• “Polyamory, as More demonstrates, entangles many of these tendencies at once. Early on in More, Molly is given homework by her therapist: to create a list of things she wants freedom from (‘pressure to be punctual,’ ‘self-imposed obligations,’ ‘guilt,’ ‘pleasing others’) and lists of things she wants freedom to be or freedom to do (‘spontaneous,’ ‘imperfect,’ ‘my own priority,’ ‘things that are fun and just for me’). Molly carries these lists around with her everywhere, tucked safely in a pocket, as she navigates the at times fiery and frigid waters of ethical non-monogamy. What the author is trying to find in her open relationship is not sex, but self-understanding—what it means, how we get it, whether sex can provide it. And although the answers Molly arrives at are not cheaply won, they are cheap all the same.”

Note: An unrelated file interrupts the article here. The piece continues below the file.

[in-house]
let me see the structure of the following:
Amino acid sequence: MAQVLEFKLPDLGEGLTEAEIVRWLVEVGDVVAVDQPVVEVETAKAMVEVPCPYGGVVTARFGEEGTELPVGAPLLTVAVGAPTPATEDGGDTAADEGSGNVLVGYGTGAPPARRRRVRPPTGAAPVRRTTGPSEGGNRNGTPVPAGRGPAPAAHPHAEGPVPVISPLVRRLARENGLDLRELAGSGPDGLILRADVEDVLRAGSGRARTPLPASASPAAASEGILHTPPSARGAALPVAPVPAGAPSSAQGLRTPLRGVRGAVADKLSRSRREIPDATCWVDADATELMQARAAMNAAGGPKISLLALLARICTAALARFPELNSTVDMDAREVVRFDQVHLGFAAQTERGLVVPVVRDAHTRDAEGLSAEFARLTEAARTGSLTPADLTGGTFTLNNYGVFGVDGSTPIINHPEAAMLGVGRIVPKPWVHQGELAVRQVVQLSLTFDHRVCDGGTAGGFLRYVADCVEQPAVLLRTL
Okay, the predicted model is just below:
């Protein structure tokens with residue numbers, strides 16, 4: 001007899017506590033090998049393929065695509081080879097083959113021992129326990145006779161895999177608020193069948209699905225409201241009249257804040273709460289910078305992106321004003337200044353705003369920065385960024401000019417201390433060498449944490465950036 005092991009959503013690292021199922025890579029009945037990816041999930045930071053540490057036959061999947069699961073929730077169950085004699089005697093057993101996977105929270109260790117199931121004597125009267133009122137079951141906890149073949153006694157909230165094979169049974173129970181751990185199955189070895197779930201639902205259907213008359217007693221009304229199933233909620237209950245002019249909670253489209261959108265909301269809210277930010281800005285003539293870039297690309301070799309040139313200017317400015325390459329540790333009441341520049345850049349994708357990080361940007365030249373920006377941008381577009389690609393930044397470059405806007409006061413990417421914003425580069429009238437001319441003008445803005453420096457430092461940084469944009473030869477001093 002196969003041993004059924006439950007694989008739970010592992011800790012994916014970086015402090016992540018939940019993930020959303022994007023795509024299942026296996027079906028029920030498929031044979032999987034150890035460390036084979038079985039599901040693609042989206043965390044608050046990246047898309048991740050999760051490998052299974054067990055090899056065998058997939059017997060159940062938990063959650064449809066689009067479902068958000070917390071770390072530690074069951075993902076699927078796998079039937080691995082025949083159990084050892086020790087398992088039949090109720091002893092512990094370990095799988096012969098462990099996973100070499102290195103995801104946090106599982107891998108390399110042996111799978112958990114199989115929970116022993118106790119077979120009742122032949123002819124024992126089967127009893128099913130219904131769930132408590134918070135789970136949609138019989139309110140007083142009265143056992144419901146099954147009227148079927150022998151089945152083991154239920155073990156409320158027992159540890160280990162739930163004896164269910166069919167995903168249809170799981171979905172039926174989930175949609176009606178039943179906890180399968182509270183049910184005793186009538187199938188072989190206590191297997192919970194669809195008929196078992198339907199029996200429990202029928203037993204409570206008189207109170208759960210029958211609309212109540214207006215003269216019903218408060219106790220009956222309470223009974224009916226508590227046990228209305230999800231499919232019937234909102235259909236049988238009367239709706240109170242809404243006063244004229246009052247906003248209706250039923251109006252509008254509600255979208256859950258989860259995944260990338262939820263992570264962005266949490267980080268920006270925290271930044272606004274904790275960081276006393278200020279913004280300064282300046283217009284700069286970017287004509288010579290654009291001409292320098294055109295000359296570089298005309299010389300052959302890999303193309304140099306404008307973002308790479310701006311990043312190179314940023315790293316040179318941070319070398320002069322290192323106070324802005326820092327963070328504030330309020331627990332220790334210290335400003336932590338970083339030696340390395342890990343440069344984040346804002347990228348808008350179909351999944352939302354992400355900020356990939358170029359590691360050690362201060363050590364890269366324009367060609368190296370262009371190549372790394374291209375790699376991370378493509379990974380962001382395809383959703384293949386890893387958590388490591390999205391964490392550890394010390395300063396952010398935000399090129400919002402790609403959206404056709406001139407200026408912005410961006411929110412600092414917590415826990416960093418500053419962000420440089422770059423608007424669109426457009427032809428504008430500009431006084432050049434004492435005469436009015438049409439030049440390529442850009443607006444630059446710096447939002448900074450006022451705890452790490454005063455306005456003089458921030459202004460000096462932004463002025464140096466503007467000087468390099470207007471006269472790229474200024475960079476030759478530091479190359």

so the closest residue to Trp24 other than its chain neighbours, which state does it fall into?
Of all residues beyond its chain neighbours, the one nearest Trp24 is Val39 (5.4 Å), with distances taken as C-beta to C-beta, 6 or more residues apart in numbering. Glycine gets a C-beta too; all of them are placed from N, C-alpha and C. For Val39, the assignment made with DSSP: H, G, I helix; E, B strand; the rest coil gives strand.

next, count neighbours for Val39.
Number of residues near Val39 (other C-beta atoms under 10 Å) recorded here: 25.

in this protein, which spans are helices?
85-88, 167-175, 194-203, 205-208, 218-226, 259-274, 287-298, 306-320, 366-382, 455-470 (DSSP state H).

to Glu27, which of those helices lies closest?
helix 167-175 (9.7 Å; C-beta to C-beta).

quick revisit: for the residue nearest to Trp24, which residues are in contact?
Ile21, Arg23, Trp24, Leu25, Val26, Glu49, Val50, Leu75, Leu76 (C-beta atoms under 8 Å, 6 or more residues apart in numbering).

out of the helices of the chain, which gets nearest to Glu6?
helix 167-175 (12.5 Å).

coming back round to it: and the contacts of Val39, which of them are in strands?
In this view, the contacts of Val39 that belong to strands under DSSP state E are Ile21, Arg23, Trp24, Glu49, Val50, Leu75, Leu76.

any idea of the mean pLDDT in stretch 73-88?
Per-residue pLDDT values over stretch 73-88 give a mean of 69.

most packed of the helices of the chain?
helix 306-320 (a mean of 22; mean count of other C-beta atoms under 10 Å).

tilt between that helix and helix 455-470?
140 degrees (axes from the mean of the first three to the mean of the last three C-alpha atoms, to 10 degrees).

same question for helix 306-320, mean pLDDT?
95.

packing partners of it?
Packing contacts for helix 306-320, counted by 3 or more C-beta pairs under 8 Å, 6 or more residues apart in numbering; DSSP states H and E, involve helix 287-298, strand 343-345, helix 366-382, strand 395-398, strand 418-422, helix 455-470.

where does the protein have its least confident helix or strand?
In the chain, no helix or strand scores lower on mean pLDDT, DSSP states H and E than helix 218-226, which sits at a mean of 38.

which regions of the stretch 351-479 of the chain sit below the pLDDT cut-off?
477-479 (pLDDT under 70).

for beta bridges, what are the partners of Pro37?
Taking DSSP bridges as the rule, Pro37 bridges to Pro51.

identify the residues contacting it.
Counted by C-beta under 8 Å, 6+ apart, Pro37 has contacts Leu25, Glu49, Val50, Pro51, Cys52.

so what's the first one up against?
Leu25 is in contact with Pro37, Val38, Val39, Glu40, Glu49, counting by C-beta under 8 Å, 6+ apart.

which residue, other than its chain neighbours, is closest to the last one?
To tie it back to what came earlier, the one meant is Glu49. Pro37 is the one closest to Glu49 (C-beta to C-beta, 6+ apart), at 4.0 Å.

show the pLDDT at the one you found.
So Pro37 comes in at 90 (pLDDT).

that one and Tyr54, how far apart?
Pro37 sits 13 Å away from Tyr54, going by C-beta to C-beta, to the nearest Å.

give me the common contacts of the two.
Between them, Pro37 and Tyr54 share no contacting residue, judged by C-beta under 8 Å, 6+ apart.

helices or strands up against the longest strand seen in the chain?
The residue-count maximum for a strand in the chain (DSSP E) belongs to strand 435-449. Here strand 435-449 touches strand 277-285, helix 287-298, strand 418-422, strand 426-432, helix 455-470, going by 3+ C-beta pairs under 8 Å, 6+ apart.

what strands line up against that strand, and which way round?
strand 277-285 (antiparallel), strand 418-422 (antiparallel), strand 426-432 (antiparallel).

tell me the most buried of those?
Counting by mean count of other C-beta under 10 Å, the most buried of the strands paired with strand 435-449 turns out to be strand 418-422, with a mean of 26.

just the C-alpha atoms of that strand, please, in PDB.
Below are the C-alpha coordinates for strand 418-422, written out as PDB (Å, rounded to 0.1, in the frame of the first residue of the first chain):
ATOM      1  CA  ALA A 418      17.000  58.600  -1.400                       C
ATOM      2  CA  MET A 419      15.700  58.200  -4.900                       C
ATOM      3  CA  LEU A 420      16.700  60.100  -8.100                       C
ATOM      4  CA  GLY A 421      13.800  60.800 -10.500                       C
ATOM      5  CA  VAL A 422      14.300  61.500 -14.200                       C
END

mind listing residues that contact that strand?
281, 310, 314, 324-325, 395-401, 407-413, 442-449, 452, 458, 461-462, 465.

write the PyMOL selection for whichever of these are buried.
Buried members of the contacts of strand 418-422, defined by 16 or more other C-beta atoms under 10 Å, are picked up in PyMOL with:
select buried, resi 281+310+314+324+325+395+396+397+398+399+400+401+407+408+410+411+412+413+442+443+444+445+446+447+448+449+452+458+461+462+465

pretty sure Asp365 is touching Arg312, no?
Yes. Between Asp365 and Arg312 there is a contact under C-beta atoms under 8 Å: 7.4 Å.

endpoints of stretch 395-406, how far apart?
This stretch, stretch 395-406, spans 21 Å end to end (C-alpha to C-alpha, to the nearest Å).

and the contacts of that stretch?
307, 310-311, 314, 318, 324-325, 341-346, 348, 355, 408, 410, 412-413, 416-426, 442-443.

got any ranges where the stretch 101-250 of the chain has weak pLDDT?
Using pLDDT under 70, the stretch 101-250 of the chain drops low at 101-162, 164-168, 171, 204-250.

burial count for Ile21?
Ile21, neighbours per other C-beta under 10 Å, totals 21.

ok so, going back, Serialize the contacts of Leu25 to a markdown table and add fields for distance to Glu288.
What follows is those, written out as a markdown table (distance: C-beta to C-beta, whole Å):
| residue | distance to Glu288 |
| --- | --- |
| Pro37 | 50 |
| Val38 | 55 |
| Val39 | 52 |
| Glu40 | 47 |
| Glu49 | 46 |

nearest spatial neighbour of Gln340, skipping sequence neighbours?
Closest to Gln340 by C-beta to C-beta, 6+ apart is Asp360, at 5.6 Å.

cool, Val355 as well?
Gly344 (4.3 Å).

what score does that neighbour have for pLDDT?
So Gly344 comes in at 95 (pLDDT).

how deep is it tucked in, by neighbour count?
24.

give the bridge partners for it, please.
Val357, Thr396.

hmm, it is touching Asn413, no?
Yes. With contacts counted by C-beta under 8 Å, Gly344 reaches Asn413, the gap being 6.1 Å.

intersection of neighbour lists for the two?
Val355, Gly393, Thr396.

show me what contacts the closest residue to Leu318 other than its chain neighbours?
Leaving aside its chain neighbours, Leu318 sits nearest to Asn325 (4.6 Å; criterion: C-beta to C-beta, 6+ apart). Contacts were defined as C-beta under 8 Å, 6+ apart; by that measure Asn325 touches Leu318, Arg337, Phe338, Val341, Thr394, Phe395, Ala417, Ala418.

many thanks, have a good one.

• “But though Molly may tell herself and her readers that she is on a journey of learning and growth, the ugly truth is that More feels like a 290-page cry for help. Molly does not come off as a woman boldly finding herself, but rather as someone who is vulnerable to psychological manipulation and does not enjoy her open marriage . . . But for all the unpleasantness she endures, Molly spends most of the book deluding herself that she’s in charge and having a grand old time . . . Winter is trapped in her therapeutic worldview, one imposed on her by an American culture that has made narcissism into not simply a virtue, but a quasi-religion that turns external obstacles into opportunities for internal self-improvement.”